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This article refers to orthopedic contractures, i.e., permanent shortening of muscles, tendons, and/or ligaments. For short-term contraction of muscles, including the normal action and function of muscles, see Muscle contraction. For non-orthopedic types of contractures, see the "See Also" section below.
Classification and external resources
ICD-10 M24.5, M62.4, M67.1, M72.0, T79.6
ICD-9 718.4, 727.81, 728.6, 958.6
MedlinePlus 003185
MeSH D003286

A muscle contracture is a permanent shortening of a muscle[1] or joint.[2] It is usually in response to prolonged hypertonic spasticity in a concentrated muscle area, such as is seen in the tightest muscles of people with conditions like spastic cerebral palsy.

Contractures are essentially muscles or tendons that have remained too tight for too long, thus becoming shorter. Once they occur they cannot be stretched or exercised away; they must be released with orthopedic surgery. Most of the physical therapy, occupational therapy, and other exercise regimens targeted towards people with spasticity focuses on trying to prevent contractures from happening in the first place.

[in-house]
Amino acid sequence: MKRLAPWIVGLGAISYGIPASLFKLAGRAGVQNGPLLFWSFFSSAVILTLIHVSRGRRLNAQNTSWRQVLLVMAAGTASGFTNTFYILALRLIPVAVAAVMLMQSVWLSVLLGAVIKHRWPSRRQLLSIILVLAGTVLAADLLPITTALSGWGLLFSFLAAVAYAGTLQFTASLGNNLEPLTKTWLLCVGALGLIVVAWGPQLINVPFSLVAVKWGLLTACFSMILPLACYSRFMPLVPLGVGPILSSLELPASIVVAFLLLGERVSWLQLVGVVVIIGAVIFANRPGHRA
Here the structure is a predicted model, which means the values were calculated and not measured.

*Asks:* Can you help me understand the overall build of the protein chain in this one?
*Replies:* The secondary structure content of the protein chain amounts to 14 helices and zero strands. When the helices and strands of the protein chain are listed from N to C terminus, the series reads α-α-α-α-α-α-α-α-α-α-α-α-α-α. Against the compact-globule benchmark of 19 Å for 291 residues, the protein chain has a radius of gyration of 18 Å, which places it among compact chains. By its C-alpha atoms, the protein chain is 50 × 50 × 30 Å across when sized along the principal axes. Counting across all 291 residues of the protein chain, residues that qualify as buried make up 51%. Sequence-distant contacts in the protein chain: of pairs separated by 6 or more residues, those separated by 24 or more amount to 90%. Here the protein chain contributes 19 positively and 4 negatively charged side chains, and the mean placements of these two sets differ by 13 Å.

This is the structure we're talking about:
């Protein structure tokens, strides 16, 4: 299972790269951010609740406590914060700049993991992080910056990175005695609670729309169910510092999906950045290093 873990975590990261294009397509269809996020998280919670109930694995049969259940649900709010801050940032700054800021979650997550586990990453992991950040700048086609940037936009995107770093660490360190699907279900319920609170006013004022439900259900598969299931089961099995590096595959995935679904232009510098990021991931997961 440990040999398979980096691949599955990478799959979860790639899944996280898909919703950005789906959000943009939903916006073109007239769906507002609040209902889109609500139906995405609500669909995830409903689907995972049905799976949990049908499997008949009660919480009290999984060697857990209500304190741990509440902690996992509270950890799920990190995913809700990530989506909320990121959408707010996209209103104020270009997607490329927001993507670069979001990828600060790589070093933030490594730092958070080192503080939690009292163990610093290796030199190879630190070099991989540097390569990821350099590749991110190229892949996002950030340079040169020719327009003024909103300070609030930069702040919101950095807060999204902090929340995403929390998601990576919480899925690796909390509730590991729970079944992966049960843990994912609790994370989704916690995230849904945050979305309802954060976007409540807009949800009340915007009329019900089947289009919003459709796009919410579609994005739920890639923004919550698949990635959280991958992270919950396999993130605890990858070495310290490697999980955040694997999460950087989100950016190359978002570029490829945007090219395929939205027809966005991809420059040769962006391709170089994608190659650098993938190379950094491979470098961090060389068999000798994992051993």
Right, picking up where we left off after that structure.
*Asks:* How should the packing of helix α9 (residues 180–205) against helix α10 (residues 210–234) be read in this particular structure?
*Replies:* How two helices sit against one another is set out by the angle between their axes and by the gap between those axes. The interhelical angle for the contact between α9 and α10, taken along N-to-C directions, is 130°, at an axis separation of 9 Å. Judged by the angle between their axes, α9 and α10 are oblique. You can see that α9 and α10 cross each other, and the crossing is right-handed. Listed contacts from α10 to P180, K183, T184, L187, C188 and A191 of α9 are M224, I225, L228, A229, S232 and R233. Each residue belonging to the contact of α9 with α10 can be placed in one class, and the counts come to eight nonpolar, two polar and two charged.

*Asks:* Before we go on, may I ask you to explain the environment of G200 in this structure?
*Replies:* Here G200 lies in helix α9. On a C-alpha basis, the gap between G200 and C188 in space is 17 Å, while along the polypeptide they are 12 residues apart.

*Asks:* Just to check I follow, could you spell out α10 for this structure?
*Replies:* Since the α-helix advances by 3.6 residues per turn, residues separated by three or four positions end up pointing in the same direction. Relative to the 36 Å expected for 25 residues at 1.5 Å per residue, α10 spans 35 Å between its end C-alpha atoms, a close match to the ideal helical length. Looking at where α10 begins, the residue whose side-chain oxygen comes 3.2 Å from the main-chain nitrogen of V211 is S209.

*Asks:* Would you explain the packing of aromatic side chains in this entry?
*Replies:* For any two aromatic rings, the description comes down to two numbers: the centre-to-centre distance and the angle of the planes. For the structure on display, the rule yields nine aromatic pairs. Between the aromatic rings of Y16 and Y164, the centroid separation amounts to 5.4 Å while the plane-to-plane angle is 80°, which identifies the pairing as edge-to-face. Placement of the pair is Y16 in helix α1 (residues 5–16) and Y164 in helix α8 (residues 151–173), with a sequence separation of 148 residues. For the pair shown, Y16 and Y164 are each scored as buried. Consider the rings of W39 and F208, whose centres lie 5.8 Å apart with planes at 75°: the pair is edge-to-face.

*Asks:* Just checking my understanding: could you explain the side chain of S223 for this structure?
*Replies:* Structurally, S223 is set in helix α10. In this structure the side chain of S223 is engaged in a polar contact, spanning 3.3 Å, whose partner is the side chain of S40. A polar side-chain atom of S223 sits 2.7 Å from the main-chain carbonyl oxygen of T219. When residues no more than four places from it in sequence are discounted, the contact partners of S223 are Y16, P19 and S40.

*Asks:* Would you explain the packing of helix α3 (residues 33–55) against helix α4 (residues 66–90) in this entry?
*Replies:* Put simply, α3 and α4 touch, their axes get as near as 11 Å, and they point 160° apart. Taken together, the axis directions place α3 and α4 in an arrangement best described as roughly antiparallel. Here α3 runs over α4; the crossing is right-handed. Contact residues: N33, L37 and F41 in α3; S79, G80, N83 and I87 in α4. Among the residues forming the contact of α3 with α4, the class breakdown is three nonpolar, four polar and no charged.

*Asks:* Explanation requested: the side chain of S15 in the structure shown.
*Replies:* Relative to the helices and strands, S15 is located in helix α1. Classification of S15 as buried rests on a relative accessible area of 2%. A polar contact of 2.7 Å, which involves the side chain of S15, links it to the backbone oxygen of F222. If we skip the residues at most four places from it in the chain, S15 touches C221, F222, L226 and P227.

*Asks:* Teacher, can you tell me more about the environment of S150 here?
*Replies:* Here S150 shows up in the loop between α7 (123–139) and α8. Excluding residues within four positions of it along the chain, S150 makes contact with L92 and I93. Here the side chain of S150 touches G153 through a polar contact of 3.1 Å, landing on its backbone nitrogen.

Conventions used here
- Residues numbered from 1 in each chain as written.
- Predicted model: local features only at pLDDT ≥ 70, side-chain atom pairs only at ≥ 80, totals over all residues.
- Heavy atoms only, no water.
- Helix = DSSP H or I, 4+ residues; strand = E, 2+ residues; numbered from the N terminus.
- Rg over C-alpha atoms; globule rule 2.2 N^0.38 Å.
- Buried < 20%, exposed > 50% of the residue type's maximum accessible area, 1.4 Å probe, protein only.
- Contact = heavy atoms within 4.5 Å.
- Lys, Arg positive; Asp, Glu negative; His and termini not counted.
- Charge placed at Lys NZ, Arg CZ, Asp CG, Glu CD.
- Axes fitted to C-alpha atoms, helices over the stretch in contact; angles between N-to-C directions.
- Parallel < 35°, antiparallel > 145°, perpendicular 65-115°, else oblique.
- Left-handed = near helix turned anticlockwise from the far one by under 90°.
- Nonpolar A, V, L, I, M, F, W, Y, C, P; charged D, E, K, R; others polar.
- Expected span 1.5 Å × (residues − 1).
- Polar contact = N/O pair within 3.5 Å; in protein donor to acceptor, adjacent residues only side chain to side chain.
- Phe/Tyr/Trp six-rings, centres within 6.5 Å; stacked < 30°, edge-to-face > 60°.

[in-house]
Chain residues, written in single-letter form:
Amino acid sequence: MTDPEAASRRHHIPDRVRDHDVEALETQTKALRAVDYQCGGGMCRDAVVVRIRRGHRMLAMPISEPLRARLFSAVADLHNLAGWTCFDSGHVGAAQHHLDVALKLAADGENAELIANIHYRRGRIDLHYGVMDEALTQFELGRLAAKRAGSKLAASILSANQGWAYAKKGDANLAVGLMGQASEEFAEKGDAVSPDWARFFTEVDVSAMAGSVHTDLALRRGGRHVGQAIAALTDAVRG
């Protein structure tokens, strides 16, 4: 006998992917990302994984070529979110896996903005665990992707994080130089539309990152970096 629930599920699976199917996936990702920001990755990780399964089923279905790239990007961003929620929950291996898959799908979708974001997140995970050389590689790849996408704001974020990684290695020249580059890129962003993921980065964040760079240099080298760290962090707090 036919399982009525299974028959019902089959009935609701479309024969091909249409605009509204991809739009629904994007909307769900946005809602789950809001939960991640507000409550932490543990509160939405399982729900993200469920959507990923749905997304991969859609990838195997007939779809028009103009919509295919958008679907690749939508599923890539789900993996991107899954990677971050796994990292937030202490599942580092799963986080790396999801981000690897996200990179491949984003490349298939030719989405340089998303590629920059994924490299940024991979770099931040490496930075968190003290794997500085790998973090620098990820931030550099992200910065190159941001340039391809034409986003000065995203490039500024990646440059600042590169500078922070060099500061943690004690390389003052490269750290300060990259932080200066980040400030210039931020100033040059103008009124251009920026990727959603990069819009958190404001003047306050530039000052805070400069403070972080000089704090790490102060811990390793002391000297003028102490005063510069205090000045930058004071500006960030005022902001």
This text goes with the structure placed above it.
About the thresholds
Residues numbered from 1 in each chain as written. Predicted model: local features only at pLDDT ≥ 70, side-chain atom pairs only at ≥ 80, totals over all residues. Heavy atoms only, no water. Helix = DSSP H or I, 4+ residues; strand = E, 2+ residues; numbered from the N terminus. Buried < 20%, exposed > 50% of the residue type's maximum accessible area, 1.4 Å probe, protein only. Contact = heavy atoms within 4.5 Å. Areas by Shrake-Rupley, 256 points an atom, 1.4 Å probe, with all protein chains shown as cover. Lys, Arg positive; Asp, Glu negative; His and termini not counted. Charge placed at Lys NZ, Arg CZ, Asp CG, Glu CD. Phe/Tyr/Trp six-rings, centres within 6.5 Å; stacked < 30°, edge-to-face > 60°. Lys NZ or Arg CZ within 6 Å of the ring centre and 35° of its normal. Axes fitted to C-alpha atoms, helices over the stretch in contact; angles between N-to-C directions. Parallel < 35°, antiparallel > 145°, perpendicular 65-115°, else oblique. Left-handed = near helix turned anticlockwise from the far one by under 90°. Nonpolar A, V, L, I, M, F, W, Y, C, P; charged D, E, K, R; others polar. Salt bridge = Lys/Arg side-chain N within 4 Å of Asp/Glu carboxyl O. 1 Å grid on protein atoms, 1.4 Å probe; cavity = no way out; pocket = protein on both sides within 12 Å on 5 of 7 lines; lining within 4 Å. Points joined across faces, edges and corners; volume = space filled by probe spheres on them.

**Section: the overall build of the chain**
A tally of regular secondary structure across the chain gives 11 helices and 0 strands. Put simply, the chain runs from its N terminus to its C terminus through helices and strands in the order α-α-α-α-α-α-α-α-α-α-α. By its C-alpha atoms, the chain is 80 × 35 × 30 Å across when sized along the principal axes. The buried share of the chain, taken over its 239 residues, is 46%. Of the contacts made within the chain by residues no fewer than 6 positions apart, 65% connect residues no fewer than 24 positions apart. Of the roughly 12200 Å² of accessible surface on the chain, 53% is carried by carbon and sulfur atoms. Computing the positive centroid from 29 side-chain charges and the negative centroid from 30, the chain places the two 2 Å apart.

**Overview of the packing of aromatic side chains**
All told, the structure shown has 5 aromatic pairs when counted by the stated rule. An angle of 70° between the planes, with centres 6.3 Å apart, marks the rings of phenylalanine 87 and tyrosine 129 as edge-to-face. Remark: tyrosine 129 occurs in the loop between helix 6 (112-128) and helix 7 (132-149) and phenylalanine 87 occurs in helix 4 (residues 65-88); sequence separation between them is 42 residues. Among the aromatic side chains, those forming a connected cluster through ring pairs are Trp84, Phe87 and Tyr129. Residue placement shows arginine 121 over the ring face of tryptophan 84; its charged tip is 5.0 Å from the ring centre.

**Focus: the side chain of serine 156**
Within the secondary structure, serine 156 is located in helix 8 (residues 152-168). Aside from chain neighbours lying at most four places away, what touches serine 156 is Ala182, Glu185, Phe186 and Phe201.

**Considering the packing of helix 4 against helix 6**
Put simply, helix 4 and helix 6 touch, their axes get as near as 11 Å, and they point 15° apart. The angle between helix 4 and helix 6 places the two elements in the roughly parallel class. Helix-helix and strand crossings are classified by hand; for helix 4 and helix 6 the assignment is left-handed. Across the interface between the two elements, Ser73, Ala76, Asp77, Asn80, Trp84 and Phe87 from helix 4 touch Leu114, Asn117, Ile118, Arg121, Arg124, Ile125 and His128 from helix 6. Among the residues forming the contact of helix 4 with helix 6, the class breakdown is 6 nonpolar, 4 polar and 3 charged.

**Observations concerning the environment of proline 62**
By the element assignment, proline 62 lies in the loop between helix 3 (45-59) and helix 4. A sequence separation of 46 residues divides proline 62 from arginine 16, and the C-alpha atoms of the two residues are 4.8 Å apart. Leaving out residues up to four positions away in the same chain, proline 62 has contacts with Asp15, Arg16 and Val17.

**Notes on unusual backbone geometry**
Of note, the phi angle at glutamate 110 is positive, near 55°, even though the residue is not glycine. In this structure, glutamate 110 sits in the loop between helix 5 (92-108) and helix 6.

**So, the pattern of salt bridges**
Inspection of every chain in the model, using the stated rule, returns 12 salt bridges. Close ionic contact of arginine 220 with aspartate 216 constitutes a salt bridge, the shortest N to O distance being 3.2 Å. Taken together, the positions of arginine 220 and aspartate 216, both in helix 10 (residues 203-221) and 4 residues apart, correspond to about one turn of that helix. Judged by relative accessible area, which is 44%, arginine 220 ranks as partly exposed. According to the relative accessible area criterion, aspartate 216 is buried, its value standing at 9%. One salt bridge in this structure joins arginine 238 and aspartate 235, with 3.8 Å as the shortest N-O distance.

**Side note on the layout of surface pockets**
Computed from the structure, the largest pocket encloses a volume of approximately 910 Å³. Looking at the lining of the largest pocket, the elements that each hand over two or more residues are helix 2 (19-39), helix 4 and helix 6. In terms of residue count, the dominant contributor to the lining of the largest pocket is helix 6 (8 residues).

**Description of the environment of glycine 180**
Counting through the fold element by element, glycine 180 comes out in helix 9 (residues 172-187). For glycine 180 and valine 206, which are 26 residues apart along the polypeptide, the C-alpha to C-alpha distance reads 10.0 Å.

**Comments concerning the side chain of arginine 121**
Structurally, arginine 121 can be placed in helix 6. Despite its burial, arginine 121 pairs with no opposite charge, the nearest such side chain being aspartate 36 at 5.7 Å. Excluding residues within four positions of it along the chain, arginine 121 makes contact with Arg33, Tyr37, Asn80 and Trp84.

Contractures can also be due to ischemia, as in Volkmann's contracture.

Excessive matrix metalloproteinase and myofibroblast accumulation in the wound margins can result in contracture.

See also[edit]


  1. ^ "contracture" at Dorland's Medical Dictionary
  2. ^ Clavet H, Hébert PC, Fergusson D, Doucette S, Trudel G (March 2008). "Joint contracture following prolonged stay in the intensive care unit". CMAJ 178 (6): 691–7. doi:10.1503/cmaj.071056. PMC 2263098. PMID 18332384.